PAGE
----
What is SWAP?
Supporting Wellness at Pantries (SWAP) is a stoplight nutrition ranking system designed to help promote healthy food choices at food banks and food pantries. SWAP is based on the most recent Dietary Guidelines, and the MyPlate Daily Checklist, to rank foods based on saturated fat, sodium and sugar because these nutrients are the most dangerous ones for chronic diseases.
An interactive guide showing SWAP's research, development, and implementation in food banks and food pantries. If you find the SWAP Toolkit to be useful, please complete the brief survey below to help us further develop this document.
Why is this important?
Studies show that people who visit food pantries experience a double burden of food insecurity and chronic diseases. More than half of the families who visit food pantries have a household member with high blood pressure and one-third have a member with type II diabetes. These chronic diseases can often be prevented, managed, and reversed through the foods we eat. The goal of SWAP is to help increase the supply and demand for healthy food in food banks and pantries.
The key SWAP messages are:
Green = choose often; low in saturated fat, sodium and sugar; supports health
Yellow = choose sometimes; can contribute to good health
Red = choose rarely; high levels of fat, sodium or sugar; think of as treats; limited health benefits
Partner Programs using SWAP
Food pantries can be ideal settings for healthy eating strategies. In 2017, SWAP was piloted in six food pantries in Connecticut. Several of Foodshare partner food pantries are currently using SWAP to promote healthy food. When partner food pantries and meal programs order food from Foodshare in its online ordering program, they can see foods ranked as green, yellow and red to help them make healthy food choices.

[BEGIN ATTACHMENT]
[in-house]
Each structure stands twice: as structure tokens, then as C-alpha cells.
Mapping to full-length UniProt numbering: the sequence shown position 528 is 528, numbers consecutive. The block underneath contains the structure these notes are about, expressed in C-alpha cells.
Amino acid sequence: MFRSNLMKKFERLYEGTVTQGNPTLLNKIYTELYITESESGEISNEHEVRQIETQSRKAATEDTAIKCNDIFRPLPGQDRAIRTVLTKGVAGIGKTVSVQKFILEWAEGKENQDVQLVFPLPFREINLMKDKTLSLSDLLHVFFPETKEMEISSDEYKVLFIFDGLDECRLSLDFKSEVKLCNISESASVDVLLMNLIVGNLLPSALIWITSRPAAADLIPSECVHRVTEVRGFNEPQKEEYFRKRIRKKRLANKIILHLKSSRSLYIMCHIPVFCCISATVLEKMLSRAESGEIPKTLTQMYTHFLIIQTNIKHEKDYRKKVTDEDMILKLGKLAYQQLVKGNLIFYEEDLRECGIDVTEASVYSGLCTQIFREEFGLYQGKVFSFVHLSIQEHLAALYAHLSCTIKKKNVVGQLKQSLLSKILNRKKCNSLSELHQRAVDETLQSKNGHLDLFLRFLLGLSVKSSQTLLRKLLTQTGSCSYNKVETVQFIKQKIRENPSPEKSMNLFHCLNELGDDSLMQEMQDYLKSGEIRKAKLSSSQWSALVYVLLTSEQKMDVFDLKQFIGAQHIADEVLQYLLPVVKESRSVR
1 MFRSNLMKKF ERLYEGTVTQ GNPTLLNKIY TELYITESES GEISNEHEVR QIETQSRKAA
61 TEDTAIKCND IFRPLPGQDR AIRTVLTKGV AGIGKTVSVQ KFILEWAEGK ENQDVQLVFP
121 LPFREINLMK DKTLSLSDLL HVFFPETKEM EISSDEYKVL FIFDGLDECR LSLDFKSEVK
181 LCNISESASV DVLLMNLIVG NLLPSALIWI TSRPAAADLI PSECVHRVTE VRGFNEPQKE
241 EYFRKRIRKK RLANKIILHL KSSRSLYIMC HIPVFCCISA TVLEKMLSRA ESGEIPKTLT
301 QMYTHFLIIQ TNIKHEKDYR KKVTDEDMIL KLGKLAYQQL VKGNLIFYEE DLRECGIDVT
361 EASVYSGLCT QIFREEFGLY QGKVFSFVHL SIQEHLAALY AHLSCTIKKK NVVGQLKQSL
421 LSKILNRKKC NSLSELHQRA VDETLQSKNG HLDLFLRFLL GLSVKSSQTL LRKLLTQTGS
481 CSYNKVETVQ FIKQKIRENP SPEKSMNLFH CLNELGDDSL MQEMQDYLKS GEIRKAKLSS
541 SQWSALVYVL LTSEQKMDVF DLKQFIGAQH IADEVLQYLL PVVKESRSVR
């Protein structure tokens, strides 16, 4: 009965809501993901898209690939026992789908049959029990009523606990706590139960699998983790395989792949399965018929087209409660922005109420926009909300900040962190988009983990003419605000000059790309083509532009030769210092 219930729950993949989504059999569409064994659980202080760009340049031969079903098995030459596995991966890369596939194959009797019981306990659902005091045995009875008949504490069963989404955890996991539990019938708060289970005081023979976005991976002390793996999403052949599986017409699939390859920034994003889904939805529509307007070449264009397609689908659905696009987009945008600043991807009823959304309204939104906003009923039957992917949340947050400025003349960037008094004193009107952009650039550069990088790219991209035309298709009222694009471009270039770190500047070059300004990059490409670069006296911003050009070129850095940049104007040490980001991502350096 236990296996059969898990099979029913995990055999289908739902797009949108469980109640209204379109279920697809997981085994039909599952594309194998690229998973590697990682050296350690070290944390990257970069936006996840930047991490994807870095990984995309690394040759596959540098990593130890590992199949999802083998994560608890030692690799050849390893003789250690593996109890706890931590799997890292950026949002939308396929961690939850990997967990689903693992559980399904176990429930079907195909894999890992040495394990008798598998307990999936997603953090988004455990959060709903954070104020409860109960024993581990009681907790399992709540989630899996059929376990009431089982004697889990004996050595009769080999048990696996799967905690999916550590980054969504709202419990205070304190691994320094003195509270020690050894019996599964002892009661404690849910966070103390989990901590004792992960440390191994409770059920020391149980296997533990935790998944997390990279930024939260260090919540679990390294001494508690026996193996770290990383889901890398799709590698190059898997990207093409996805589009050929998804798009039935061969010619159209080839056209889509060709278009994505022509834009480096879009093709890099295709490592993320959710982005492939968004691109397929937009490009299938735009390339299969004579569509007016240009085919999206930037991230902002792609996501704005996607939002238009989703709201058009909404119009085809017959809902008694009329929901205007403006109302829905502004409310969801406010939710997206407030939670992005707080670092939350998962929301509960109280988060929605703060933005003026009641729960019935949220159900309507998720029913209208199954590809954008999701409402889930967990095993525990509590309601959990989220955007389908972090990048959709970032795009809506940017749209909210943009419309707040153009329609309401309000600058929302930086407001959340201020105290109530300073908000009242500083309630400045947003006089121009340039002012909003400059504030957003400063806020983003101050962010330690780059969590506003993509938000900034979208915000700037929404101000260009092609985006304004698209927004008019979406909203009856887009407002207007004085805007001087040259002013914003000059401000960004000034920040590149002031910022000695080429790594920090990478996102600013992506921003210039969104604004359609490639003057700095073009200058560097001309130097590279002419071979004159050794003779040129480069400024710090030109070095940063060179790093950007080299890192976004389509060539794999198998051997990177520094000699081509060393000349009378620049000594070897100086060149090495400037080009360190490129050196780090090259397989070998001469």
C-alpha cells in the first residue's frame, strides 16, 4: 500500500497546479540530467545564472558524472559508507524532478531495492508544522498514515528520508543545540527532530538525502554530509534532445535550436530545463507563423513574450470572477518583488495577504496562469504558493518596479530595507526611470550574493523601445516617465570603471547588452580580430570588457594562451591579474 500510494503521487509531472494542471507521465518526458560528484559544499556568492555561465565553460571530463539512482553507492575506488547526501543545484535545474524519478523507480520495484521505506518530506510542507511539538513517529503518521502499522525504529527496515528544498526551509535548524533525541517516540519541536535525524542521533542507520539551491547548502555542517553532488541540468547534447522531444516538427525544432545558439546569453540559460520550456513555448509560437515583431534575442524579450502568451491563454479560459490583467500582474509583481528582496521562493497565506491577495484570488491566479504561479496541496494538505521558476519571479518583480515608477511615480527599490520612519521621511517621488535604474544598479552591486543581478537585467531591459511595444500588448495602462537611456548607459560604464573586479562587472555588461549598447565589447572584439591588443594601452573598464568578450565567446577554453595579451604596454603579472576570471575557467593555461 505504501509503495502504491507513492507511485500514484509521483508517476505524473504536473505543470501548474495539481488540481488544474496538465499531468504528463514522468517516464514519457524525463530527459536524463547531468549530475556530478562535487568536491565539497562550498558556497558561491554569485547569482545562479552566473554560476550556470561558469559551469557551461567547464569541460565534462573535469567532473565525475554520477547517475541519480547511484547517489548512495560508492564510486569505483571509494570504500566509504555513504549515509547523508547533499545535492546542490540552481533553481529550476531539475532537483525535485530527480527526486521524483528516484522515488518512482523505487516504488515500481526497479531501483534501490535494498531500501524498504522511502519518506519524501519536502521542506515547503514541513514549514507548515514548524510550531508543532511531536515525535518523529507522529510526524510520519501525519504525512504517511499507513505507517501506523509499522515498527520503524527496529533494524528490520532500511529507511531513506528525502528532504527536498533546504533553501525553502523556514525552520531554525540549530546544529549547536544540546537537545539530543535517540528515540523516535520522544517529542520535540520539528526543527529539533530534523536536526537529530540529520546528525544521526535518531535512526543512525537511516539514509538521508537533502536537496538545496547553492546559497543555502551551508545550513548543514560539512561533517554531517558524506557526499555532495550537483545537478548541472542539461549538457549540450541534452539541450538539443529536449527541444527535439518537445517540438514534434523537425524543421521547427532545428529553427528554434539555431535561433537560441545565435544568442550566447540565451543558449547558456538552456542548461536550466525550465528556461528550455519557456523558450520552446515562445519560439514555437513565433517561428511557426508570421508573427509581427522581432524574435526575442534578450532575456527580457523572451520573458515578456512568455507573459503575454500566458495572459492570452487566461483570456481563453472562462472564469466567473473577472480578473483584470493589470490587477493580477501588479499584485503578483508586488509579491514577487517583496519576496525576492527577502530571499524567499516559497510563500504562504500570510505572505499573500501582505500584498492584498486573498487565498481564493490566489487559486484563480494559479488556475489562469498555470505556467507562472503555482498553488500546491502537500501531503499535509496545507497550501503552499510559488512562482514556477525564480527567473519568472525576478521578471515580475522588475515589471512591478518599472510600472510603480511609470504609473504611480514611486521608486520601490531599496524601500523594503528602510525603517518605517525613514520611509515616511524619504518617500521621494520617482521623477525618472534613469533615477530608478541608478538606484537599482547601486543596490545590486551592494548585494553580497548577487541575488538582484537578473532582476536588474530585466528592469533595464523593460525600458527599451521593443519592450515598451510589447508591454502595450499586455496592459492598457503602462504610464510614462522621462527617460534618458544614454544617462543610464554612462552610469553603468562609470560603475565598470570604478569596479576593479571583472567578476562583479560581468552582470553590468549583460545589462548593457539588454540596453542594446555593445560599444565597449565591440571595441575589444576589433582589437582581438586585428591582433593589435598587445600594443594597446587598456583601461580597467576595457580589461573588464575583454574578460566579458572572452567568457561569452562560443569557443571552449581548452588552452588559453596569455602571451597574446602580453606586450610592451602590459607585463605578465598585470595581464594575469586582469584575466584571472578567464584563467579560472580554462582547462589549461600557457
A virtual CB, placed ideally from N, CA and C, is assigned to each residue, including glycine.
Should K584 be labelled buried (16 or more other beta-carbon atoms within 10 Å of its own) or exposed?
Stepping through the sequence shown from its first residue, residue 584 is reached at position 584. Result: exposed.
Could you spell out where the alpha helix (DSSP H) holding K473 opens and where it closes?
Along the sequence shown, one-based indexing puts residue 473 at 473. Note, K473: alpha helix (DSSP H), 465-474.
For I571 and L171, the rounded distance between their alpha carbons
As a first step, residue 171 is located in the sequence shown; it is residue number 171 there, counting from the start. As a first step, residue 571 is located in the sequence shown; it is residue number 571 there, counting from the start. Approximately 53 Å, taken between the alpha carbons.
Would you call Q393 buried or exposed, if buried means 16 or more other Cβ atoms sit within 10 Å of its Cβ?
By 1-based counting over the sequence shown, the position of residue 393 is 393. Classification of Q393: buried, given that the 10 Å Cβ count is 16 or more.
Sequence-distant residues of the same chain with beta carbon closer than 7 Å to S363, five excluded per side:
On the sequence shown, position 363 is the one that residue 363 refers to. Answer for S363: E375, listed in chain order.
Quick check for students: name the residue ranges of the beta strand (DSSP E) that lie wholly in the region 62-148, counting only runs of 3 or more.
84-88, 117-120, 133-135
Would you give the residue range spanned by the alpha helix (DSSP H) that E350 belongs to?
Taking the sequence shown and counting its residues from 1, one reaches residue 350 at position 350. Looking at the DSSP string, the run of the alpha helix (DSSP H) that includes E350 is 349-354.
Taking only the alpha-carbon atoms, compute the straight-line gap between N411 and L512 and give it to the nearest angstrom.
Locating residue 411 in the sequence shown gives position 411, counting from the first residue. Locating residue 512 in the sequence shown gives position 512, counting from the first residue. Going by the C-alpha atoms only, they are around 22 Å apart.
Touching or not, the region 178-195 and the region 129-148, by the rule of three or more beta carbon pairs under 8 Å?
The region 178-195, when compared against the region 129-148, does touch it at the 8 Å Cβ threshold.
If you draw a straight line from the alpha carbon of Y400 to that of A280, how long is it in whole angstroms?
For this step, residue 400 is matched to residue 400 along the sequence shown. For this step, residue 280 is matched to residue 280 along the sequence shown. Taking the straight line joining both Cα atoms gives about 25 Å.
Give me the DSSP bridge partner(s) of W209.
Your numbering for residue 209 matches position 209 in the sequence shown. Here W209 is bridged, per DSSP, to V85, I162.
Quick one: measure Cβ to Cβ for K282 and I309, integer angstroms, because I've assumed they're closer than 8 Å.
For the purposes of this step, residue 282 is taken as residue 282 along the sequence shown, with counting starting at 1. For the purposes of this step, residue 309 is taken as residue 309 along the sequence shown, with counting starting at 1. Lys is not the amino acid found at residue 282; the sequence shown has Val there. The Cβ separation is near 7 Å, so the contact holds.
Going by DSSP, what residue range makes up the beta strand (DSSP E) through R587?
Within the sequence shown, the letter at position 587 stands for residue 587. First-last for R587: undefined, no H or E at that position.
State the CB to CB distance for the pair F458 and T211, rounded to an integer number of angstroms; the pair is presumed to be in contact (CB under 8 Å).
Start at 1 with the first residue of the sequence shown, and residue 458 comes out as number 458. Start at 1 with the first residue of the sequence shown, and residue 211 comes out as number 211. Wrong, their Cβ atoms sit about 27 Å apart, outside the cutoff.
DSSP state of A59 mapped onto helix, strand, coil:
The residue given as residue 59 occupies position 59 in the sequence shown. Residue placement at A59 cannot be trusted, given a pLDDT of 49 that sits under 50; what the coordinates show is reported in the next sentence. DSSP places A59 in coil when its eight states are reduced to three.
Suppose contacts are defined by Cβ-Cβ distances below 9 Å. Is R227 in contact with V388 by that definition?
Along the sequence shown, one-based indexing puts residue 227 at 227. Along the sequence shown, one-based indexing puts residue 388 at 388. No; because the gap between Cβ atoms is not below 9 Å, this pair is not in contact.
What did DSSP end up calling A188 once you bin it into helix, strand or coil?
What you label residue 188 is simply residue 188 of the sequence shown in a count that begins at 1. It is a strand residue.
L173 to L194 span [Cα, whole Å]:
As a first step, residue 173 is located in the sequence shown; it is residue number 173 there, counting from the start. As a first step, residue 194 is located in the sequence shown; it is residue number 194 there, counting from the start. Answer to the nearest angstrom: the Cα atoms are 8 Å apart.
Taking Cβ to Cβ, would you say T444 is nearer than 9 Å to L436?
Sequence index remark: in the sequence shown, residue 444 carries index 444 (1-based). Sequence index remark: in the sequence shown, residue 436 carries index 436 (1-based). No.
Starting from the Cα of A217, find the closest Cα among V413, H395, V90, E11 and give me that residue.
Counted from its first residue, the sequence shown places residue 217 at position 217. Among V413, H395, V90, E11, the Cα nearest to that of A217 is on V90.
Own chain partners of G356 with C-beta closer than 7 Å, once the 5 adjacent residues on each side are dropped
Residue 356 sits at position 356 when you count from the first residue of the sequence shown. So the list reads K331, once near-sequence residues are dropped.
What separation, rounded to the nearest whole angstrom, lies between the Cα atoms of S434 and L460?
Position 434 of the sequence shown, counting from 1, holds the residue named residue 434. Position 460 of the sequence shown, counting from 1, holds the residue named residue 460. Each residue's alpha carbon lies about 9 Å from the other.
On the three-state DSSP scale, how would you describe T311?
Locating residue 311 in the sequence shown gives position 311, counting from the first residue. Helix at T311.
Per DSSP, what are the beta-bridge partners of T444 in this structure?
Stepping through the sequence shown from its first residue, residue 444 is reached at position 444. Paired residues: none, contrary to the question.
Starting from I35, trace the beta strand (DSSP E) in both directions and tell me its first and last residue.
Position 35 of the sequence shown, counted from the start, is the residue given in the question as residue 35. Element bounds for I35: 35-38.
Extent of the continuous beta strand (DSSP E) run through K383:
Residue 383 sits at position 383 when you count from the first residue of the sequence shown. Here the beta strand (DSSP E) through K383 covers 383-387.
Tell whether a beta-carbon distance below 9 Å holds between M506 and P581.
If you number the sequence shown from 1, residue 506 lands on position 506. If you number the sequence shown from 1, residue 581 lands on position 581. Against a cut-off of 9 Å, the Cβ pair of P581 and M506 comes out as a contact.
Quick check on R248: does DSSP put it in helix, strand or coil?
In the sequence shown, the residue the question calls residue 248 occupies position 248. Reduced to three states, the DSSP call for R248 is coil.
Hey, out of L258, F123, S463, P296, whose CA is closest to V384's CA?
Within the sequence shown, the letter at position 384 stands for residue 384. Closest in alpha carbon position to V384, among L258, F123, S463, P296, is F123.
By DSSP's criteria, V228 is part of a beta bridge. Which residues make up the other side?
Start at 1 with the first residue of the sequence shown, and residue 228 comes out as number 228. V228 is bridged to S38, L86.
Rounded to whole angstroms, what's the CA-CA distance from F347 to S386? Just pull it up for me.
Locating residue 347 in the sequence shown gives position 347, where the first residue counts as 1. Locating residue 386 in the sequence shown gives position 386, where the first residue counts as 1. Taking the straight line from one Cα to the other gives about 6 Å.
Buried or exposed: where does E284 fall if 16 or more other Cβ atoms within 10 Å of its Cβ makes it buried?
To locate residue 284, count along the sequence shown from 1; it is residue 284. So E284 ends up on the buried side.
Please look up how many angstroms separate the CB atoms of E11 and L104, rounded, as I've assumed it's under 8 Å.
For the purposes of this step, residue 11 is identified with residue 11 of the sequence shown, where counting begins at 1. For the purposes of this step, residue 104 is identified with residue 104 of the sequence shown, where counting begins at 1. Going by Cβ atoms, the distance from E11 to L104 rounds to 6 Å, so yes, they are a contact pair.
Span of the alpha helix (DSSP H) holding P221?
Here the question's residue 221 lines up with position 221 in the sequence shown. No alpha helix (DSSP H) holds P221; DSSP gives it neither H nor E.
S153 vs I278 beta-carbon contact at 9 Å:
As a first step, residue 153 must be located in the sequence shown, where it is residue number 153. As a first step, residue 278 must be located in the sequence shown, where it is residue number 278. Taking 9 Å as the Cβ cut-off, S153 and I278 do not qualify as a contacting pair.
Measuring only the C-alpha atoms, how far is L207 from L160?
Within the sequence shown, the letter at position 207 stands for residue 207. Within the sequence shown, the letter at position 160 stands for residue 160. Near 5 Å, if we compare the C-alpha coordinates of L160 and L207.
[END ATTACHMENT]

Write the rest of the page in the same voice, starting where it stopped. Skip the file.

“We're able to give them healthy choices, which is going to help them with their health in the long run.”
Patricia Nelson, St. Monica’s Episcopal Church meal program in Hartford
Check out these SWAP materials for more information.
If you would like to offer SWAP in your food pantry or meal program, or for more information, please contact Katie Martin.
(SWAP) was developed by researchers at the University of Saint Joseph (USJ) Department of Nutrition and Public Health and SNAP-Ed program, and is a collaboration between USJ, the UConn Rudd Center for Food Policy & Obesity, and the Council of Churches of Greater Bridgeport. Funding to develop SWAP was provided by USDA’s Supplemental Nutrition Assistance Program, the Robert Wood Johnson Foundation, the Farmington Bank Community Foundation, and the Johns Hopkins Global Obesity Prevention Center.
How You Can Help
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